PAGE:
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Thanks for response. I'm doing this in my company so it's possible the AP is stronger - -but my phone/tab/iphone is within a couple of feet with the nano. Let me ask you this, so I don't keep wasting time - - 'should' they be connecting automatically even if the real AP is password protected/encrypted wpa?.. When I attempted to connect to pineapple manually connect I get a message about it being unsecure - could that obstacle be the reason it doesn't connect automatically on the deauth?.

The short answer is that is depends on the phone and the settings of that device. For a longer answer read on.

With some devices they will always ask you about an unsecure connection if the settings are configured to ask.

The fact that a device is not automatically connecting to a pineapple could be for a myriad of reasons. For instance, if the phone has never seen any of the access points the pineapple is offering, then the phone will likely not connect automatically. One advantage with using the Nano is that PineAP can persuade wireless devices to give up the SSIDs that device is searching for but there are times when even this can be problematic.

In the case of an iOS device, many will not connect if they go into sleep mode even if they are broadcasting wireless packets. Once someone wakes the phone, it will then connect but only if it's seen the broadcasted SSID before and only if the device's settings are configured to allow the automatic connection.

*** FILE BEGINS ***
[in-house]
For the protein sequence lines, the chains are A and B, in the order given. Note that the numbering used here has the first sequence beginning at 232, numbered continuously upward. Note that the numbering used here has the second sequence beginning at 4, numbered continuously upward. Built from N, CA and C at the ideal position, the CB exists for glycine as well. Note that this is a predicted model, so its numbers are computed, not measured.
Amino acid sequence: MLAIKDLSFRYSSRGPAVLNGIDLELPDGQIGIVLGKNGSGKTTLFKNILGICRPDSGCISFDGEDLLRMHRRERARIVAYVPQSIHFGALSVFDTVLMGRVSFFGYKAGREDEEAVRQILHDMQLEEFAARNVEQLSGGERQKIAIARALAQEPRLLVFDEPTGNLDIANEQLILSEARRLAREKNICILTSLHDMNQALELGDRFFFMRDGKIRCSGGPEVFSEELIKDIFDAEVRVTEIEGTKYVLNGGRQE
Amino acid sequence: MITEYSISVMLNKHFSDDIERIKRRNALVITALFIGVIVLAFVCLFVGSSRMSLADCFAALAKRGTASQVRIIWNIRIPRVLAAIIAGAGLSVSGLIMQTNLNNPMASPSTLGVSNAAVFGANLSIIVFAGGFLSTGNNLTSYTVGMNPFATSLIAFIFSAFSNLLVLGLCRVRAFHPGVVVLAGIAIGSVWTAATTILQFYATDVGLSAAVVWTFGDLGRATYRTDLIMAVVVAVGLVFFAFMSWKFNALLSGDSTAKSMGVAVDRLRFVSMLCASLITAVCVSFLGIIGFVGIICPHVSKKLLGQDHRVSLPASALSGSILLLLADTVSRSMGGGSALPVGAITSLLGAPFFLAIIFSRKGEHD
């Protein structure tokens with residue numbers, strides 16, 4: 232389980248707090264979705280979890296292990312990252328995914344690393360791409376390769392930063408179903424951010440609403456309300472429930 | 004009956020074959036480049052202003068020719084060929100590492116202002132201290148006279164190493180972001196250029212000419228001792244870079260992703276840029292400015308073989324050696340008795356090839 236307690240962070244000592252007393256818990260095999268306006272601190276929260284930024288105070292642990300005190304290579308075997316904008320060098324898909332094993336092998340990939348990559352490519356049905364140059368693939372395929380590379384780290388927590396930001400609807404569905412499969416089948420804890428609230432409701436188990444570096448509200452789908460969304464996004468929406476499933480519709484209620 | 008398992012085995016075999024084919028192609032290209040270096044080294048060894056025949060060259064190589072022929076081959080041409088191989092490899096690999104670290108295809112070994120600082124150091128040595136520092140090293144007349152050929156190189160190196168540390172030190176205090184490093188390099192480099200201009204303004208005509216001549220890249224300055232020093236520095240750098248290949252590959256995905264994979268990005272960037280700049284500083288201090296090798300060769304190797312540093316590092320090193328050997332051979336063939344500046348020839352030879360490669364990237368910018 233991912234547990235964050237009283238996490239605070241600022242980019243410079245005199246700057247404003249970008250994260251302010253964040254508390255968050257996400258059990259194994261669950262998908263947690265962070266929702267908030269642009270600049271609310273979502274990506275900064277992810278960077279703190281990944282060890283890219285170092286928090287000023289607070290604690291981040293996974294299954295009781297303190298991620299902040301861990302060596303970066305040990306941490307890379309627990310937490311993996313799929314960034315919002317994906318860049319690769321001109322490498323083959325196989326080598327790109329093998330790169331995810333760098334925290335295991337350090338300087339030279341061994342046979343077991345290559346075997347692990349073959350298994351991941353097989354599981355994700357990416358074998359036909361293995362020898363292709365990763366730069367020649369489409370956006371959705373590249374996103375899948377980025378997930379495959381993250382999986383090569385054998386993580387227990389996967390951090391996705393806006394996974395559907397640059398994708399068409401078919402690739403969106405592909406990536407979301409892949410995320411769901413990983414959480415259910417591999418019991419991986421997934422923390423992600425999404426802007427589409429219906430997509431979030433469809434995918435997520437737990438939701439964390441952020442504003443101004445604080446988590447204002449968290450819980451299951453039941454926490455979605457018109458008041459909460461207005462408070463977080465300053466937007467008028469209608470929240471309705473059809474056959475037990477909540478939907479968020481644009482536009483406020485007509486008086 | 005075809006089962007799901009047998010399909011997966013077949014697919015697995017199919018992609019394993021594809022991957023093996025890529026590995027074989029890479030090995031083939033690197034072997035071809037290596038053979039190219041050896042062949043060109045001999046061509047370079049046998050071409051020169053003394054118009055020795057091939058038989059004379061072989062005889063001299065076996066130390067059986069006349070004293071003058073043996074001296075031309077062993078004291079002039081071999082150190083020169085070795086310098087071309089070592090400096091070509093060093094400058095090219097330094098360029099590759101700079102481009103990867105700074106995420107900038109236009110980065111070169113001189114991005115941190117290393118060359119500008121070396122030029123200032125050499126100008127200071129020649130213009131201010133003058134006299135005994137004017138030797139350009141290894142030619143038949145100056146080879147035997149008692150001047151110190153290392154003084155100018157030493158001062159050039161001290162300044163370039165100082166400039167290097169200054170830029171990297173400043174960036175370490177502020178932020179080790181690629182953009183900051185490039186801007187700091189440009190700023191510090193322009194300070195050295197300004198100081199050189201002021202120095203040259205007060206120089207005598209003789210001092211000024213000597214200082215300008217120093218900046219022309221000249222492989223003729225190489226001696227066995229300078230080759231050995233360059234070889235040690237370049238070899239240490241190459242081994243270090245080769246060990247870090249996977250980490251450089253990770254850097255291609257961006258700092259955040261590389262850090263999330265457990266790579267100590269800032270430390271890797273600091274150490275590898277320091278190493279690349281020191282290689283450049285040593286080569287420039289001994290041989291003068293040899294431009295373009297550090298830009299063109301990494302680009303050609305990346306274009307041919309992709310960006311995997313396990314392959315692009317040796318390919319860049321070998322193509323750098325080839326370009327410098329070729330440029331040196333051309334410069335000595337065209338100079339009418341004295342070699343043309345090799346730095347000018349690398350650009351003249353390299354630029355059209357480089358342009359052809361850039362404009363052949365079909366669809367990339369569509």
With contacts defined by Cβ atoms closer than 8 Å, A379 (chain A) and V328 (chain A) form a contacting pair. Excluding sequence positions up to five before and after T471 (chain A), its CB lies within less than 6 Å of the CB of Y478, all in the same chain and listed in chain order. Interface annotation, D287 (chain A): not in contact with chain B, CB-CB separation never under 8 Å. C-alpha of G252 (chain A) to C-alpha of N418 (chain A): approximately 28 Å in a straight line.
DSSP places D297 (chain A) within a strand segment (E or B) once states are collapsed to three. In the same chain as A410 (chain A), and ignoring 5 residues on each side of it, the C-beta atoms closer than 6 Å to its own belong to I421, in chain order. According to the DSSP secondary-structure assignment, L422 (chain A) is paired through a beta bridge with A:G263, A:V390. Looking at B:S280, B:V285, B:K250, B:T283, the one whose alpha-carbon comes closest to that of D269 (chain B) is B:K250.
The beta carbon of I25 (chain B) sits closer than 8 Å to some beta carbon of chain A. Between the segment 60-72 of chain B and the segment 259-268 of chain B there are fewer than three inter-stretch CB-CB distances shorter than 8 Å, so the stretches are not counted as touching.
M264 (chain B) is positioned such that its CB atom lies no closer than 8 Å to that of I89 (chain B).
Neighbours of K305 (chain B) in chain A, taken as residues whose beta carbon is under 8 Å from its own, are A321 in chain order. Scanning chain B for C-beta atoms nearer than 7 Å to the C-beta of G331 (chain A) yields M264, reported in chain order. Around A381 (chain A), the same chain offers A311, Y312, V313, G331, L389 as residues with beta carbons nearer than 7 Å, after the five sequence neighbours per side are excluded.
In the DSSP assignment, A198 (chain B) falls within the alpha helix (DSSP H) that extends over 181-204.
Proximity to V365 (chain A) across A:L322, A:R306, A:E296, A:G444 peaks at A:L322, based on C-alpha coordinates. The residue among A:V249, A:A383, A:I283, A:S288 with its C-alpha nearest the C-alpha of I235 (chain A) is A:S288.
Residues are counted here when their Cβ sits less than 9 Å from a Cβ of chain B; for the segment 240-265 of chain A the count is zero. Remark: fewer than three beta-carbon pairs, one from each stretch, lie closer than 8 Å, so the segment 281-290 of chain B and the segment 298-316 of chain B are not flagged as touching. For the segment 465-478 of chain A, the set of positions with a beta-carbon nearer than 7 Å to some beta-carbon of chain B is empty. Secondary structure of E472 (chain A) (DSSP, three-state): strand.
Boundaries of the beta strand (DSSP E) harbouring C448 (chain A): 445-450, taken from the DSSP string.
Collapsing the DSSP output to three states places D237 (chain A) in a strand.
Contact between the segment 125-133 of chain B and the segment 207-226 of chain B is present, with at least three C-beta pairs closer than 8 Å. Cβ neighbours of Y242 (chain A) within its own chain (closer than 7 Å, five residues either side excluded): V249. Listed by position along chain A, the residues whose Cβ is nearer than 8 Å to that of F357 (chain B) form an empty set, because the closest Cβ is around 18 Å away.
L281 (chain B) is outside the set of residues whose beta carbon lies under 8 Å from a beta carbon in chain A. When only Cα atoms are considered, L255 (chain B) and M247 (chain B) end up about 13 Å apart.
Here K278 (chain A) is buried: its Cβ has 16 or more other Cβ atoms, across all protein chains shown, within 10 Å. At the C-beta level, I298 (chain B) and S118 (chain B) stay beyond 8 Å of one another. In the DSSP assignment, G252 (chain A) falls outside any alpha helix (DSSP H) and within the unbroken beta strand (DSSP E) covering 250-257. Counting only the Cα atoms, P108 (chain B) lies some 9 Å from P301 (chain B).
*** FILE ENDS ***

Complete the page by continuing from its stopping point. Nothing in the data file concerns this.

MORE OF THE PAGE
If a device is already connected to an AP, then you have to fight the other AP for the device's attention. Sometimes you lose that battle.

Because there are so many different wireless devices all with different settings, its hard to say the what your particular issue is. Only by reviewing your devices settings and knowing how it operates when associated and unassociated to an access point will you gain full understanding into the matter.

This may sound elementary and you may have already tried this but, I would suggest this course of action:

1. Associate your devices to your company's AP

2. Ensure that your company's AP is in PineAP's SSID list

3. Get far away from your place of employment (and preferably anyone else) bringing your devices and the pineapple.

4. Turn on the pineapple running PineAP fully weaponized and power on all your devices to see if they connect automatically or if they ask for user input.

It might even be a good idea to turn on all your devices first, allow the screens to go idle (dark), and then power on the pineapple. This way you will know if you can get them to connect even if they are "sleeping".

I have hooked devices that usually beat me 90% of the time and have struggled to connect instruments that should have been trivial. Your mileage may very.

Edited by Skinny
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thanks for the input- I will try this, for my device.. . The ultimate goal would be to fool a separate non-associated device to connect without user intervention which seems not likely.. . but perhaps when I learned a little more I can figure out. . . will keep you posted- thanks again for the time to teach a little.